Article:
This first part is not about the race itself but, it’s been a while since I have reflected upon running more than 140 characters on twitter. So...
Its been a year of injury. Mainly dealing with plantar fasciitis. While it has mostly subsided, it’s still here. It actually started the first week of January 2011 after running 20 miler on trails in the snow. While I ignored it and thought it would just go away, I was wrong, the day of the 20 miler I wanted to run a 50k for fun, but the pain was horrible...about a month or so later, during a late night session at a local college track, I did a speed workout, after the workout I had the most painful session of plantar fasciitis.
At that point I realized that if I were to run a marathon, or do anything else, I would need to get to a physical therapist. I did that. Did it help, yes, did I really stop running like they asked me to - no. So I don't believe I really have given this time to really subside like I should have.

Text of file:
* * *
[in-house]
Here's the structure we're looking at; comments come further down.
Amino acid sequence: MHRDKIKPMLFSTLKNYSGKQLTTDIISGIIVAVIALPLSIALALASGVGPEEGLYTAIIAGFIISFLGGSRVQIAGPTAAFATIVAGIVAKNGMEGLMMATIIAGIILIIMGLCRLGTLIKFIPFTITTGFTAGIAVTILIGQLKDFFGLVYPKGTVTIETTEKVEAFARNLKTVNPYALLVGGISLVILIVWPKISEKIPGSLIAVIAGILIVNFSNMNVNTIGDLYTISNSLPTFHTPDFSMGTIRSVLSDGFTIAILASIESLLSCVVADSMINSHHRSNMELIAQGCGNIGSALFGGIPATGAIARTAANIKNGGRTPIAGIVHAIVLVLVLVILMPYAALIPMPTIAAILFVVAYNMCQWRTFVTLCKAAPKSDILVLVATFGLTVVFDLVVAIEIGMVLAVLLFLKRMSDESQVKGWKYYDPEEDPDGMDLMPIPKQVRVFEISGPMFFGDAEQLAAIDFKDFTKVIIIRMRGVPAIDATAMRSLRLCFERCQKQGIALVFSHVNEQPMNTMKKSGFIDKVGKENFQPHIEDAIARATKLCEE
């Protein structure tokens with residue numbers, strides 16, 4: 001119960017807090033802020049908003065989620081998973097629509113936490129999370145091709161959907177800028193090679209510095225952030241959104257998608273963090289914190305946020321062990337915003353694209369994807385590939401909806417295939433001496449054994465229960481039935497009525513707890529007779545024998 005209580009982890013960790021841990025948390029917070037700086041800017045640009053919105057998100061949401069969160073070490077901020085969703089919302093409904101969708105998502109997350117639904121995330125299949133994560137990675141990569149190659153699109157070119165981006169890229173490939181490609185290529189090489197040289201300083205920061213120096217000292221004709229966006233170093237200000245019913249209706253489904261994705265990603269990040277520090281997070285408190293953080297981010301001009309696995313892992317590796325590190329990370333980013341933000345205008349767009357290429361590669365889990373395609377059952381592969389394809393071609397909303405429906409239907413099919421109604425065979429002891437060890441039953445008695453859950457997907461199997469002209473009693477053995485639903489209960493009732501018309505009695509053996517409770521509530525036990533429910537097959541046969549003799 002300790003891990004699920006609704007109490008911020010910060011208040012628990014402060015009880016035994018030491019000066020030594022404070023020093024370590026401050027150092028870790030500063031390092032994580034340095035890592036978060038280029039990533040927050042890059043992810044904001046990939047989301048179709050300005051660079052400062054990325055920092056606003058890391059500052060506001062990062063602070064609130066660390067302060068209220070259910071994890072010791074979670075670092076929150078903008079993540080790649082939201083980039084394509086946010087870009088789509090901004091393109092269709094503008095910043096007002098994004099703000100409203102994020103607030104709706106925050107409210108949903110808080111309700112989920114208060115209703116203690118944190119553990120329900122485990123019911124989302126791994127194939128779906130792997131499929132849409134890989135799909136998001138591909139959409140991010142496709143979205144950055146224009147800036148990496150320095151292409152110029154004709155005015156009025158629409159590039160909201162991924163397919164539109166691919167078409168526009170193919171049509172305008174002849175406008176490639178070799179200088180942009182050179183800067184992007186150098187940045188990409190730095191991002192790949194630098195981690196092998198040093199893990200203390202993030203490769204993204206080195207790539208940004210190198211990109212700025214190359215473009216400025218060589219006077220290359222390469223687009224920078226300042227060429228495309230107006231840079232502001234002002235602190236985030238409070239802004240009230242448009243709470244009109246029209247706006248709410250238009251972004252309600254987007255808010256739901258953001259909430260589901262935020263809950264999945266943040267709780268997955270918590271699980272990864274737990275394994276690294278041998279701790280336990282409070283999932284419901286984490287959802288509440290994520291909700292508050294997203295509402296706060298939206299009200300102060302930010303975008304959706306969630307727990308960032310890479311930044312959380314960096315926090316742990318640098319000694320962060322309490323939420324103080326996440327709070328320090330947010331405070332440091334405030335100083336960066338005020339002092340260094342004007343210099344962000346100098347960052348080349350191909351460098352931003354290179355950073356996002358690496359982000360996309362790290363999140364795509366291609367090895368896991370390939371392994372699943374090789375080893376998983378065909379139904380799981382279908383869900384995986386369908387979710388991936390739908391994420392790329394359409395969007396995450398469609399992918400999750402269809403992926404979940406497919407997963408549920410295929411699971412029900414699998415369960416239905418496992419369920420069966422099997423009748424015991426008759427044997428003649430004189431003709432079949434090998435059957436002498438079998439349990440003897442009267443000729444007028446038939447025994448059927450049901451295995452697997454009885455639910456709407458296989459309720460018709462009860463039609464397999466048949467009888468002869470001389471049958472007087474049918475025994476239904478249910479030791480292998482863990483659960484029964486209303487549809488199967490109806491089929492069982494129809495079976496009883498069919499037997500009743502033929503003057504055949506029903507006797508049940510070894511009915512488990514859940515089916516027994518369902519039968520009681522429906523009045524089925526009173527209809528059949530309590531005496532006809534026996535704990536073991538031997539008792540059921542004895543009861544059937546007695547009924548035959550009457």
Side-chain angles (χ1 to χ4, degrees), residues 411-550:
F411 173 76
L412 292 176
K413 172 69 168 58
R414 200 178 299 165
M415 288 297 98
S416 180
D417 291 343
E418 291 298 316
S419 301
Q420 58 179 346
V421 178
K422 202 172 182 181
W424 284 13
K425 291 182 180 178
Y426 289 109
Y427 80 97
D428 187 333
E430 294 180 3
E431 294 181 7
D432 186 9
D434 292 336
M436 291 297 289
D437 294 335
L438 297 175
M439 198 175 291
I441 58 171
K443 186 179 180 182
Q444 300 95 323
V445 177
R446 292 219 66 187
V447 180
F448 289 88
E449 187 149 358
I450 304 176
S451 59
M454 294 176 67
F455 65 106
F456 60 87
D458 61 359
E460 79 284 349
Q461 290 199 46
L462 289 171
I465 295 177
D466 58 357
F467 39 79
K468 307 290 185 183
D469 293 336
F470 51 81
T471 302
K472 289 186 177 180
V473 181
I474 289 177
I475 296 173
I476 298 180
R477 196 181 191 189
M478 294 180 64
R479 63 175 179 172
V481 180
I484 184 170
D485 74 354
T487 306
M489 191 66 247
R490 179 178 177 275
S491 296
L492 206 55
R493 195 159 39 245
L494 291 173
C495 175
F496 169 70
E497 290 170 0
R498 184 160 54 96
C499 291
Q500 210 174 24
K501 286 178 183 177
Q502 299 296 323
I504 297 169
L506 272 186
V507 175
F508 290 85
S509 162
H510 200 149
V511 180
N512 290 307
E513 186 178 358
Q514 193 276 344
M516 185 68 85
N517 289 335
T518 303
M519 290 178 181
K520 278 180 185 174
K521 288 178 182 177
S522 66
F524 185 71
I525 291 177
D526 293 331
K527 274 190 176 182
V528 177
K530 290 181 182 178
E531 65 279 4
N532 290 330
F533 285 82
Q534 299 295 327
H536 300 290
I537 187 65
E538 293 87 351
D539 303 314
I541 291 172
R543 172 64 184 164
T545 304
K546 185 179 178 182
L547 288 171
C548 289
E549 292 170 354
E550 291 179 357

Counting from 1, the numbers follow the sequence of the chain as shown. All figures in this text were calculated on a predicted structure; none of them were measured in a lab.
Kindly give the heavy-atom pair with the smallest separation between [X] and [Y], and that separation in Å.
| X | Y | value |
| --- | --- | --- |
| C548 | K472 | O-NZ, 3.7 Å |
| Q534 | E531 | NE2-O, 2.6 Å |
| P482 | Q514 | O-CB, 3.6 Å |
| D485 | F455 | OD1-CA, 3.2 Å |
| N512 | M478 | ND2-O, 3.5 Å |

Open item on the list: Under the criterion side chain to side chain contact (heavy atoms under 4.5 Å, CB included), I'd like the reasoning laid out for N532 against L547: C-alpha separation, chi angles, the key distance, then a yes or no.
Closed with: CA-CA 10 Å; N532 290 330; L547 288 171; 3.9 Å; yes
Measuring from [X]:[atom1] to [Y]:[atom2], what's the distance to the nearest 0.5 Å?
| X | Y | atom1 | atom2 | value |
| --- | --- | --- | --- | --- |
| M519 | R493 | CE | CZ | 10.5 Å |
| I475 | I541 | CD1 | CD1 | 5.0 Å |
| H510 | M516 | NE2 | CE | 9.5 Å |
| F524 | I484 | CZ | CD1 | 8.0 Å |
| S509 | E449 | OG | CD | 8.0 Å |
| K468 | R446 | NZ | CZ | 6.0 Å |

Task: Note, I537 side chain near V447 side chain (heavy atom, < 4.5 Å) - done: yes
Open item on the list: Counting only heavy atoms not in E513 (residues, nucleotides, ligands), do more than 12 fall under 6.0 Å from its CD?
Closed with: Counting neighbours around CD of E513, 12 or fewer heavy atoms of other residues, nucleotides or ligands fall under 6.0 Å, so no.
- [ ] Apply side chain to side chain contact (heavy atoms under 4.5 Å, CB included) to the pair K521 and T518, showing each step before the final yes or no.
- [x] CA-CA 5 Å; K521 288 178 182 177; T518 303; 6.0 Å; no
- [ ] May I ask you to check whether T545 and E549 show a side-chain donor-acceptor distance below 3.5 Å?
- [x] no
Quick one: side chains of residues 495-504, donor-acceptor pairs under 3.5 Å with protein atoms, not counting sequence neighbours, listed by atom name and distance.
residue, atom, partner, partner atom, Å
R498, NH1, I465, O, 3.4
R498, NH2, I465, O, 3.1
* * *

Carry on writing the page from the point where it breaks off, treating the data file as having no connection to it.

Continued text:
So let’s fast forward to the YUT-C 50k. I had run the race last year and really enjoyed myself and the course and the race organizers. It’s the best run race I have run to date, and it’s a main stay on my race schedule. Given last years experience, and the enjoyment I got from the run, I decided last year to run the race no matter what.
I was confident enough since I knew the course, and, I had run it last year with ease, that this year I could improve on last year’s performance. I actually ran the course several weeks before, both 14-15 milers, and felt adequately ready to run. Three weeks before I got a 50k in a day on my feet too, so, well, I felt trained enough to give it a go.
Weather for the run - darn near perfect. Overcast and about 50. The high forecasted for the day was 65, not terribly warm. So great race conditions in my opinion.
How was I feeling, well, I got up a little late for the hour drive to the race, but that was not a problem, but, I was limping. Yes, the plantar fasciitis. I stretched, and it somewhat helped, but when I got out of the car from the drive, yes, the pain was there. I was there and I was going to run...there was no other choice at that point.
As I made my way down to the start line to get my number and race packet I saw a lot of familiar faces. We exchanged some hello’s and I got myself pinned up and ready to go. I wanted to make sure my feet could handle (without blisters or hot spots) the 50k distance, so I applied some bodyglide to my feet and made sure I had a bag at the start/finish line with some additional bodyglide and some extra socks.
At 8am sharp, we were all off and running….